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What is the significance of the different notes of the shofar?

by Rabbi Avraham Arieh Trugman

  

Library » Holidays » Rosh Hashanah » Shofar | Subscribe | What is RSS?


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There are three basic sounds of the Shofartekiah, shevarim and teruah.

In the Torah, Rosh Hashanah is actually called “Yom Teruah,” The Day of Teruah. The Sages in the Talmud agreed that the teruah connotes the blast of a horn which resembles crying, but were uncertain whether it is to be melancholy moaning or a more uncontrolled staccato sound. Therefore, both possibilities are honored and today we sound the shevarim, which is akin to sighing and has three medium length sounds, the teruah, which connotes uncontrollable crying comprised of nine short sounds, and the shevarim-teruah, a combination of the two.

Preceding and following each of these sounds is the tekiah – a long simple blast – which alludes to many things: a summons to gather together, a wake up call, a way to greet the king, as well as a sound of joy and rejoicing.

One notices a certain inconsistency between the different crying sounds of the teruah and shevarim and the more uplifting, joyful sounds of the tekiah. This paradox reflects equally important aspects of Rosh Hashanah. On one hand it is a very joyful day when through our heartfelt prayers we praise G-d and crown Him King of the universe. It is also a day to begin again, full of hope and anticipation of a year of blessing. Yet it is also a very serious, reflective day when all souls are judged by G-d and our lives and future are on the line. 

Therefore, the arrangement of the shofar blasts on Rosh Hashanah reflect this reality. It is taught that there is no vessel as whole as a broken heart. Rosh Hashanah is the time to open our hearts and express our desire to rectify our lives and be close to G-d. These heartfelt emotions are surrounded by the tekiah and the hope, trust and joy it represents.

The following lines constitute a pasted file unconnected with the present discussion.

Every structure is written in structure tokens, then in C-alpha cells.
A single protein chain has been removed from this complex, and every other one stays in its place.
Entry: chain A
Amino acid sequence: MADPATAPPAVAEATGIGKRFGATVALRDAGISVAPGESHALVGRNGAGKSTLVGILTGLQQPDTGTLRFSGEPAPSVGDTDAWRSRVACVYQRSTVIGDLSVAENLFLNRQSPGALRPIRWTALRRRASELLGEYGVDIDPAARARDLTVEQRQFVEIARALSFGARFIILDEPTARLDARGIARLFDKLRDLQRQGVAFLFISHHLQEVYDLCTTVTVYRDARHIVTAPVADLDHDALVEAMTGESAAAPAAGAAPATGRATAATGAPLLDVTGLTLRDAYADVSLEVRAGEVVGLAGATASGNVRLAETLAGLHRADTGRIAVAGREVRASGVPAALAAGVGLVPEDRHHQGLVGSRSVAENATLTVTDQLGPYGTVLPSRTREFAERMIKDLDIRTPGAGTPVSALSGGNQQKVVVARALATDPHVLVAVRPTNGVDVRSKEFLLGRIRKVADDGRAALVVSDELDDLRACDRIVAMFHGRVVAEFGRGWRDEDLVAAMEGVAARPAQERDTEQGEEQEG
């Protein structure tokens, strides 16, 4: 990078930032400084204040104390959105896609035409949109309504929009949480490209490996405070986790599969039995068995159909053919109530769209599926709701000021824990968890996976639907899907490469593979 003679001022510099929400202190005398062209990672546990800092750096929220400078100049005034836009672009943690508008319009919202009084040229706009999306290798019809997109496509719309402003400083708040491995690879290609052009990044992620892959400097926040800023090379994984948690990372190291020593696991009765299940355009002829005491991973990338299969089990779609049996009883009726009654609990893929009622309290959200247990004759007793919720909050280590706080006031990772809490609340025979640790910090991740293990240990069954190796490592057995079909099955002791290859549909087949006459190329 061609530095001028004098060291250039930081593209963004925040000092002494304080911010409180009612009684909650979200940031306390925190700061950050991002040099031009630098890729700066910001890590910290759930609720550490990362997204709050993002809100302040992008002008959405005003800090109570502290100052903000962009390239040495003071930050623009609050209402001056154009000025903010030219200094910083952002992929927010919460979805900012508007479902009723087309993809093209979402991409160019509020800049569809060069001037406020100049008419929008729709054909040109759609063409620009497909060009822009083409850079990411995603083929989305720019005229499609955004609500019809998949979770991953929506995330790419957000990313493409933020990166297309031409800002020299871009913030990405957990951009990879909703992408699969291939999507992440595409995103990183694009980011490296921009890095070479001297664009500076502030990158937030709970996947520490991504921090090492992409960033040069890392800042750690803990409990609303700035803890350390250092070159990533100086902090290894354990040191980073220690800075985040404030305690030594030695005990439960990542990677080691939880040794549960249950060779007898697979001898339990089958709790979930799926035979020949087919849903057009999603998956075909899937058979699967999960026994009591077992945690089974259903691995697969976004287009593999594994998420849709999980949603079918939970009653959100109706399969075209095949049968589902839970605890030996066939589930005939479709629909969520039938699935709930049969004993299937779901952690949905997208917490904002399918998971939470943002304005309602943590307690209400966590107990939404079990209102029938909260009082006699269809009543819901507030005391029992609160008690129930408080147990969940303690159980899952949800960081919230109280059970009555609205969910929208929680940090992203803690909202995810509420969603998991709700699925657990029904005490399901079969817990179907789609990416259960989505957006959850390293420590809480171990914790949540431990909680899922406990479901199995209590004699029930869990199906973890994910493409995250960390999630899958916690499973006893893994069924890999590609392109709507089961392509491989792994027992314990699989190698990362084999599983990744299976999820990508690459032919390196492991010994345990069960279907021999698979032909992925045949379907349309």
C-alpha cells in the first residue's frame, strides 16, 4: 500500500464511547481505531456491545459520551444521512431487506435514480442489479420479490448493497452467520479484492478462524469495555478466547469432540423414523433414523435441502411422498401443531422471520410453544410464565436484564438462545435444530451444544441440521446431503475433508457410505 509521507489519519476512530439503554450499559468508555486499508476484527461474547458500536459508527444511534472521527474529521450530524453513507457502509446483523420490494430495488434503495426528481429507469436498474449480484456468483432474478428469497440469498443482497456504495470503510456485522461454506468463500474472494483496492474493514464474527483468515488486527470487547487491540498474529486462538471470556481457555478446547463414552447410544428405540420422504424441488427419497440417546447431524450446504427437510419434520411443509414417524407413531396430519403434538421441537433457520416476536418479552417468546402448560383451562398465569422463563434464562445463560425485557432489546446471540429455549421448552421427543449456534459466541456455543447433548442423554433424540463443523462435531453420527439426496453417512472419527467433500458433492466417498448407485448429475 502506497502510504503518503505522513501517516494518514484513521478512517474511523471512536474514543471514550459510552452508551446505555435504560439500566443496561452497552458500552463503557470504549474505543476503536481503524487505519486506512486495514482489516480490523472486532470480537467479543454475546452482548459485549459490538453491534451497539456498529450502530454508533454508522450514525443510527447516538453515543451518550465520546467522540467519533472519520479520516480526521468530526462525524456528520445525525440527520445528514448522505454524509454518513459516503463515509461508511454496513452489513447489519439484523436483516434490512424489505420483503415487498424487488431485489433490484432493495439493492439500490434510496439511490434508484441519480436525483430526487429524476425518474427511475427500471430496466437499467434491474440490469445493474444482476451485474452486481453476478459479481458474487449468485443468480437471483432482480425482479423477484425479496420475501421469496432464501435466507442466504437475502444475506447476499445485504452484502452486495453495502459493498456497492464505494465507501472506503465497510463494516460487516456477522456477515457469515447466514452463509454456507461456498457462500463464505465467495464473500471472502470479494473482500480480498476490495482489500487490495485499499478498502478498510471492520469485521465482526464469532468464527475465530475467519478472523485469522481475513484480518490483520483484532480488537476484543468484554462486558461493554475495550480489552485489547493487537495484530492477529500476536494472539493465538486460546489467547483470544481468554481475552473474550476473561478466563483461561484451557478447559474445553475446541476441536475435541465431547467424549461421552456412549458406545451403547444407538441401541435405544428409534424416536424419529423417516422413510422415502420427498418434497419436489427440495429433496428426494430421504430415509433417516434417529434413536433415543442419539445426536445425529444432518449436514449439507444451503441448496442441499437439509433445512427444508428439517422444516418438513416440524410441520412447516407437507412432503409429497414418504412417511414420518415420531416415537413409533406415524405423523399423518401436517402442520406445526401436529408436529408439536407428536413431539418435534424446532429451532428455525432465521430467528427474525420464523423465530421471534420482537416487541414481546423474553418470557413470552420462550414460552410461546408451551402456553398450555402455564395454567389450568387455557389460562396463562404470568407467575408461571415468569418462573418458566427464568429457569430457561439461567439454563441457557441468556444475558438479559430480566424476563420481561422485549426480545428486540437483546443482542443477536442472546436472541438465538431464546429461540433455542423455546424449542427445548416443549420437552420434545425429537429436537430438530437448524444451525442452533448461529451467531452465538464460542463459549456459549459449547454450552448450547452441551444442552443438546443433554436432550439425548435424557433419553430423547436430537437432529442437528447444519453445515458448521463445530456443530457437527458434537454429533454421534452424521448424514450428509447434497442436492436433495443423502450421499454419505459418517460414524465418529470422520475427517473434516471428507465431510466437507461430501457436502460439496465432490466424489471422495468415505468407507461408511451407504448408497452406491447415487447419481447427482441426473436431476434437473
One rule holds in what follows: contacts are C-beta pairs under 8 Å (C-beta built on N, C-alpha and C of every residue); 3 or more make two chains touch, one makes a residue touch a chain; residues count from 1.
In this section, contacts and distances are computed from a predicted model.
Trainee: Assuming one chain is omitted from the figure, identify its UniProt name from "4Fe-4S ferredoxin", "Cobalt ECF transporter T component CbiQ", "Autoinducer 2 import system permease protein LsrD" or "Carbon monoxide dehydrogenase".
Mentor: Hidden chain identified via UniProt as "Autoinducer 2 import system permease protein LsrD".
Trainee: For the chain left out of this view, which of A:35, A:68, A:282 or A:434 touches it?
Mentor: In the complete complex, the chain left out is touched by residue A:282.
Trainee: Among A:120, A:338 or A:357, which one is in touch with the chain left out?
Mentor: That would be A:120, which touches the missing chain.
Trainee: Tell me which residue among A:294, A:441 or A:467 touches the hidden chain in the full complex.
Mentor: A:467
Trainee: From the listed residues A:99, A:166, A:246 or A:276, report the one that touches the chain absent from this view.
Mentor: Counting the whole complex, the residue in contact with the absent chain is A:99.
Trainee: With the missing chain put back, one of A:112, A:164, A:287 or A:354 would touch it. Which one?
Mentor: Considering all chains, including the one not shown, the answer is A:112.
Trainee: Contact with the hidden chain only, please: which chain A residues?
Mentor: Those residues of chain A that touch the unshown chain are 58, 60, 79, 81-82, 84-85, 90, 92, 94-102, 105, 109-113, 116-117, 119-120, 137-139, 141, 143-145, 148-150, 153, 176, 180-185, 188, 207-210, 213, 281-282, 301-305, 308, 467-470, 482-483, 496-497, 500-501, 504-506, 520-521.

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Torah
Torah is G–d’s teaching to man. In general terms, we refer to the Five Books of Moses as “The Torah.” But in truth, all Jewish beliefs and laws are part of the Torah.
Talmud
Usually referring to the Babylonian edition, it is a compilation of Rabbinic law, commentary and analysis compiled over a 600 year period (200 BCE - 427 CE). Talmudic verse serves as the bedrock of all classic and modern-day Torah-Jewish literature.
Rosh Hashanah
The Jewish New Year. An early autumn two day holiday marking the creation of Adam and Eve. On this day we hear the blasts of the ram's horn and accept G-d's sovereignty upon ourselves and the world. On Rosh Hashanah we pray that G-d should grant us all a sweet New Year.
Shofar
The horn of a Kosher animal. The Shofar is sounded on the holiday of Rosh Hashanah, and is intended to awaken us to repentance. Also blown to signify the conclusion of the Yom Kippur holiday.
G-d
It is forbidden to erase or deface the name of G-d. It is therefore customary to insert a dash in middle of G-d's name, allowing us to erase or discard the paper it is written on if necessary.